The trailer for the penultimate episode of The Grand Tour has been released days after its name and release date were revealed.
Called Sand Job, it’ll see the trio of Jeremy Clarkson, Richard Hammond and James May heading to Mauritania to replicate the legendary Paris-Dakar endurance rally in their own inimitable style.
The confirmation of the special, which will be available to watch on Amazon’s Prime Video streaming service from Friday, February 16 onwards, comes in the wake of the presenters confirming in November that this will be the final series of The Grand Tour.
Sand Job will see the three presenters heading from Mauritania into Senegal on the route of the old Paris-Dakar.
It means they will take on the searing heat and troublesome sand of the Sahara Desert, in three cars you might not expect to excel in such conditions.
Filming is a minefield
Using convertible versions of some high-end European sports cars and GTs, Clarkson chooses a Jaguar F-Type V6, May opts for a Maserati GranCabrio and Hammond has an Aston Martin DB11 Volante.
Obviously, the cars will have been (ham-fistedly) modified to cope with the rigours ahead, which reputedly even includes a section where the presenters must extricate themselves from a minefield.
That’s all after the three vehicles are delivered to the north-western corner of Africa via the means of the world’s longest train.
Sand Job was filmed in May last year, with one more special — based in Zimbabwe — set to round out TGT later in 2024. That film was shot in September 2023, and has yet to be named or given a release date on Prime Video.
Expeditions are the end
These two final expeditions mark the end of season five of TGT, with the show adopting a one-off adventure tone from the end of season three onwards.
Previously employing a similar format to the trio’s earlier TV gig, BBC’s Top Gear, viewers saw Clarkson become visibly emotional at the end of season three of TGT when he and his fellow co-presenters had to inform the audience the show as we all knew it — involving the tent, smaller films and celebrity sections — was at its conclusion.
It effectively marked the beginning of the end of a 16-year journey for the trio, who began working together on the second series of the revamped Top Gear in 2003, when May joined to replace Jason Dawe. Hammond had already worked on the first series alongside Dawe and Clarkson.
Since TGT went to its road trip and adventure specials format from 2019 onwards, there have been six big films from the team. Season four had four of them: Seamen; A Massive Hunt; Lochdown; and Carnage A Trois.
In them, the men have done various things such as boating along the Mekong River in Vietnam, searching for pirate treasure in countries based in the Indian Ocean, driving old American classics across Scotland and lampooning the French culture.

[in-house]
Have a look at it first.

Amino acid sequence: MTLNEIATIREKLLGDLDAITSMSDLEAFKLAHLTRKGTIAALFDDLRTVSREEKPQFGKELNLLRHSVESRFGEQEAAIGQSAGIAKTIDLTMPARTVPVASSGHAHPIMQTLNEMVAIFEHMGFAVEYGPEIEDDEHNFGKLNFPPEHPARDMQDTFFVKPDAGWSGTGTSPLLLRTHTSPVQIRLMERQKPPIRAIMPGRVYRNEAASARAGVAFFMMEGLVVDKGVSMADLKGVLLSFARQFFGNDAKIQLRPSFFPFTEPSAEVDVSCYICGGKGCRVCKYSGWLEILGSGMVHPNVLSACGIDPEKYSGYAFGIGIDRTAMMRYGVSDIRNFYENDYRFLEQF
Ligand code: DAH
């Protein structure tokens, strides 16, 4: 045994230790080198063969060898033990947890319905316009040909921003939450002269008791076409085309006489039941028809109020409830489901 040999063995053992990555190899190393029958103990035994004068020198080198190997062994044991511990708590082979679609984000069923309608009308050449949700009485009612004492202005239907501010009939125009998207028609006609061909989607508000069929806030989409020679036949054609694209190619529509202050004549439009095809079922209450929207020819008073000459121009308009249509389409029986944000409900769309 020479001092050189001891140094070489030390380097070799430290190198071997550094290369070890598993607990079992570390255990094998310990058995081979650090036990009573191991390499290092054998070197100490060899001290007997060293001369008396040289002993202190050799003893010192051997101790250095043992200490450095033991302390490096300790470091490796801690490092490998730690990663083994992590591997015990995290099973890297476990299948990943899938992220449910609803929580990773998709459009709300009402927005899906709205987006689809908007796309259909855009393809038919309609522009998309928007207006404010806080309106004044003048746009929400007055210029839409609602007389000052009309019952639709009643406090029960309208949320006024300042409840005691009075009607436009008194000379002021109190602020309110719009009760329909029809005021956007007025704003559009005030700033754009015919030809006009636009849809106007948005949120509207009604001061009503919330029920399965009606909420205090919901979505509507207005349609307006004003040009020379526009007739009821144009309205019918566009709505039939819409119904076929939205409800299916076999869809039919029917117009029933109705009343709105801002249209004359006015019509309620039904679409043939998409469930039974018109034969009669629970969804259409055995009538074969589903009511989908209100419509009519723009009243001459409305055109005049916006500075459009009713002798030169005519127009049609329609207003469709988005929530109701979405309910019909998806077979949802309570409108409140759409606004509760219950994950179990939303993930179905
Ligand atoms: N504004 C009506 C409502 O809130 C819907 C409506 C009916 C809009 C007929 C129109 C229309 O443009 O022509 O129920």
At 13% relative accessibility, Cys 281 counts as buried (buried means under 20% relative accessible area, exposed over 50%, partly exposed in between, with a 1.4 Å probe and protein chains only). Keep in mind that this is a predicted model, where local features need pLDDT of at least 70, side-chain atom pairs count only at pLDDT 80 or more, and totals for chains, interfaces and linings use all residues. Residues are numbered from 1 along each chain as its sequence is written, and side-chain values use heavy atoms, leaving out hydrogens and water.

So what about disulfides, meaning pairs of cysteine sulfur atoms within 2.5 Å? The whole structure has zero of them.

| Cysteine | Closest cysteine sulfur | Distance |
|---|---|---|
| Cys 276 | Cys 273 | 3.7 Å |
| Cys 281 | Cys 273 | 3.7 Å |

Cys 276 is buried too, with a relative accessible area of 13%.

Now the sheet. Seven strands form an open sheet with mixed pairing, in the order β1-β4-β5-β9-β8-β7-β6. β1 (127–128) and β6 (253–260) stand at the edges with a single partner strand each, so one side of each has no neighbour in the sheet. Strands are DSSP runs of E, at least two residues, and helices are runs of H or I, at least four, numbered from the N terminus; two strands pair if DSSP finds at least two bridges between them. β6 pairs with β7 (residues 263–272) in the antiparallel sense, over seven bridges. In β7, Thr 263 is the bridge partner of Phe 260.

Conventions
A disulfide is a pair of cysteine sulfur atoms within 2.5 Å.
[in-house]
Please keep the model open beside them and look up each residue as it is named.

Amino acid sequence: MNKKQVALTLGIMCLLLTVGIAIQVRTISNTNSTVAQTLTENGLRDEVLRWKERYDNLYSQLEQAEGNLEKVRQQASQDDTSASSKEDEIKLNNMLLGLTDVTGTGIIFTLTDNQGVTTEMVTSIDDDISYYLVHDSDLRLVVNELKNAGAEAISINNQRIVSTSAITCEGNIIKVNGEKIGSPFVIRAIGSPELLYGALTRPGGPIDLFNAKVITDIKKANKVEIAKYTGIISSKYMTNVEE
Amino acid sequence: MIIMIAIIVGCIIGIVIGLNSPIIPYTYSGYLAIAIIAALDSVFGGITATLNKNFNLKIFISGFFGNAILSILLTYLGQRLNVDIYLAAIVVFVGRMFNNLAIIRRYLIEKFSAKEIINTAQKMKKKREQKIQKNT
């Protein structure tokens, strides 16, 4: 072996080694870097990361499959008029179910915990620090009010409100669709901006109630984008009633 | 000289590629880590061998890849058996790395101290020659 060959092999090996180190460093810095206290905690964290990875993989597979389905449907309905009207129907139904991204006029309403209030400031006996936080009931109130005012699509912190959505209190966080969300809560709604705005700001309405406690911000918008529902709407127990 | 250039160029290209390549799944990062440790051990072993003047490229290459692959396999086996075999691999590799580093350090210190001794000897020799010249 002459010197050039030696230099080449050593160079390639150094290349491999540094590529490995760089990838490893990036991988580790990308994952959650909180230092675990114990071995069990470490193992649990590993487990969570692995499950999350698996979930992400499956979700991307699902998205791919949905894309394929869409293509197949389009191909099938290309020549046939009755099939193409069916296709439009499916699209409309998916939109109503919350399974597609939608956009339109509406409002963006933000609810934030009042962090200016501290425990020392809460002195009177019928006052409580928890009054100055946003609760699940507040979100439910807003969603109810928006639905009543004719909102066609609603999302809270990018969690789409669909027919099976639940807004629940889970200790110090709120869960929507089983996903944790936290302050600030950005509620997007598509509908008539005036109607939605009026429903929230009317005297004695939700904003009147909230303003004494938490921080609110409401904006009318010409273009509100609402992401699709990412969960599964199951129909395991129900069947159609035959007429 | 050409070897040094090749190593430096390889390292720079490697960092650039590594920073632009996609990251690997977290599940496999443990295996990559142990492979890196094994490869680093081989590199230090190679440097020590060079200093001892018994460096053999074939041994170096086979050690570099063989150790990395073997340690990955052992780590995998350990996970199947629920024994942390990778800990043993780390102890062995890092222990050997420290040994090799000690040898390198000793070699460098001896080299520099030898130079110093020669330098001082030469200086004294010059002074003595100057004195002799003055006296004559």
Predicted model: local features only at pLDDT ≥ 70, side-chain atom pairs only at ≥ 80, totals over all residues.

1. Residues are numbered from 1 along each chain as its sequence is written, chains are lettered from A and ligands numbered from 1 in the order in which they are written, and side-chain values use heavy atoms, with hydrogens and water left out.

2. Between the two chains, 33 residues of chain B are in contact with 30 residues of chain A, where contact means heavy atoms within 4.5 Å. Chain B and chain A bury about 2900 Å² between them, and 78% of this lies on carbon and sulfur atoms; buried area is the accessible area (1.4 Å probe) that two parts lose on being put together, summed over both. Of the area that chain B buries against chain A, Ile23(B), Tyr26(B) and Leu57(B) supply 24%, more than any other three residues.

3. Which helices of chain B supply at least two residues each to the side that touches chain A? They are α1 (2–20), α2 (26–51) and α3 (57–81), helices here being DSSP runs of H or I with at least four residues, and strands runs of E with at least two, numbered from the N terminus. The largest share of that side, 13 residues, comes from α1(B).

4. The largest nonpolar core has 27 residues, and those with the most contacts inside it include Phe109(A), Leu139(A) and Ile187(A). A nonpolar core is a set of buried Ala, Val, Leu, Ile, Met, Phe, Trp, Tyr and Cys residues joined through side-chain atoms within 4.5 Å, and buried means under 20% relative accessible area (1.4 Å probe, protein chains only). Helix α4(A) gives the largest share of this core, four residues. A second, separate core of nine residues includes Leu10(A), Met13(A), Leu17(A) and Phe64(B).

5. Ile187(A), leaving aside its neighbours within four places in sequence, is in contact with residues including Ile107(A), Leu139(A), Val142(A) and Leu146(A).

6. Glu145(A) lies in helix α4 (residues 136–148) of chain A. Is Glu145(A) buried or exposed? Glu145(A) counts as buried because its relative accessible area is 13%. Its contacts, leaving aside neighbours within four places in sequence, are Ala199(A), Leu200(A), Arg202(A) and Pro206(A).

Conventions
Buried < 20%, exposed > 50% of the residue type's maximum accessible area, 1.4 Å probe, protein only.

The fifth season has already delivered A Scandi Flick, a rally-based adventure set in Norway, and Eurocrash, in which the trio conducted an eastern European road trip in cars no one else would think of using. May’s choice in this debacle, a Crosley CC Four Convertible, was a particularly inspired move that proved great for TV but terrible for his nerves.
Getting too old
However, both Sand Job and the as-yet unnamed Zimbabwean expedition due to air later this year are expected to mark the end of Clarkson, May and Hammond working together on a TV car show.
Each of them have their own television projects — not least Clarkson, with his highly successful Clarkson’s Farm, also on Prime Video — and have all said in recent interviews that the time is right to hang up their driving gloves because they’re getting too old.
Clarkson himself told The Times Magazine in a January interview that the time feels right to call it a day on The Grand Tour: “I’ve driven cars higher than anyone else and further north than anyone else. We’ve done everything you can do with a car.
“When we had meetings about what to do next, people just threw their arms in the air.”
Part of the problem, he said, is that filming the long-format adventure shows that have marked out seasons four and five of TGT “is immensely physical… when you’re unfit and fat and old, which I am”.
He added that this made camping in remote locations more demanding than would have been in years past.
Not fuelled by ‘mutual loathing’
Clarkson also denied that the show was coming to an end because the three presenters dislike each other. His colleague May recently said that the chemistry which makes the trio spark so enjoyably on screen was “fuelled by mutual loathing”.
But Clarkson disagreed: “We’ve spent more time in each other’s company than our families’ over the last 25 years, so I don’t think it would have lasted as long as it did if we’d hated each other as much as James likes to think.”
He further denied any creative tension between the trio, saying: “They do as they’re told.”
The Grand Tour: Sand Job is released worldwide on Prime Video from Friday, February 16.
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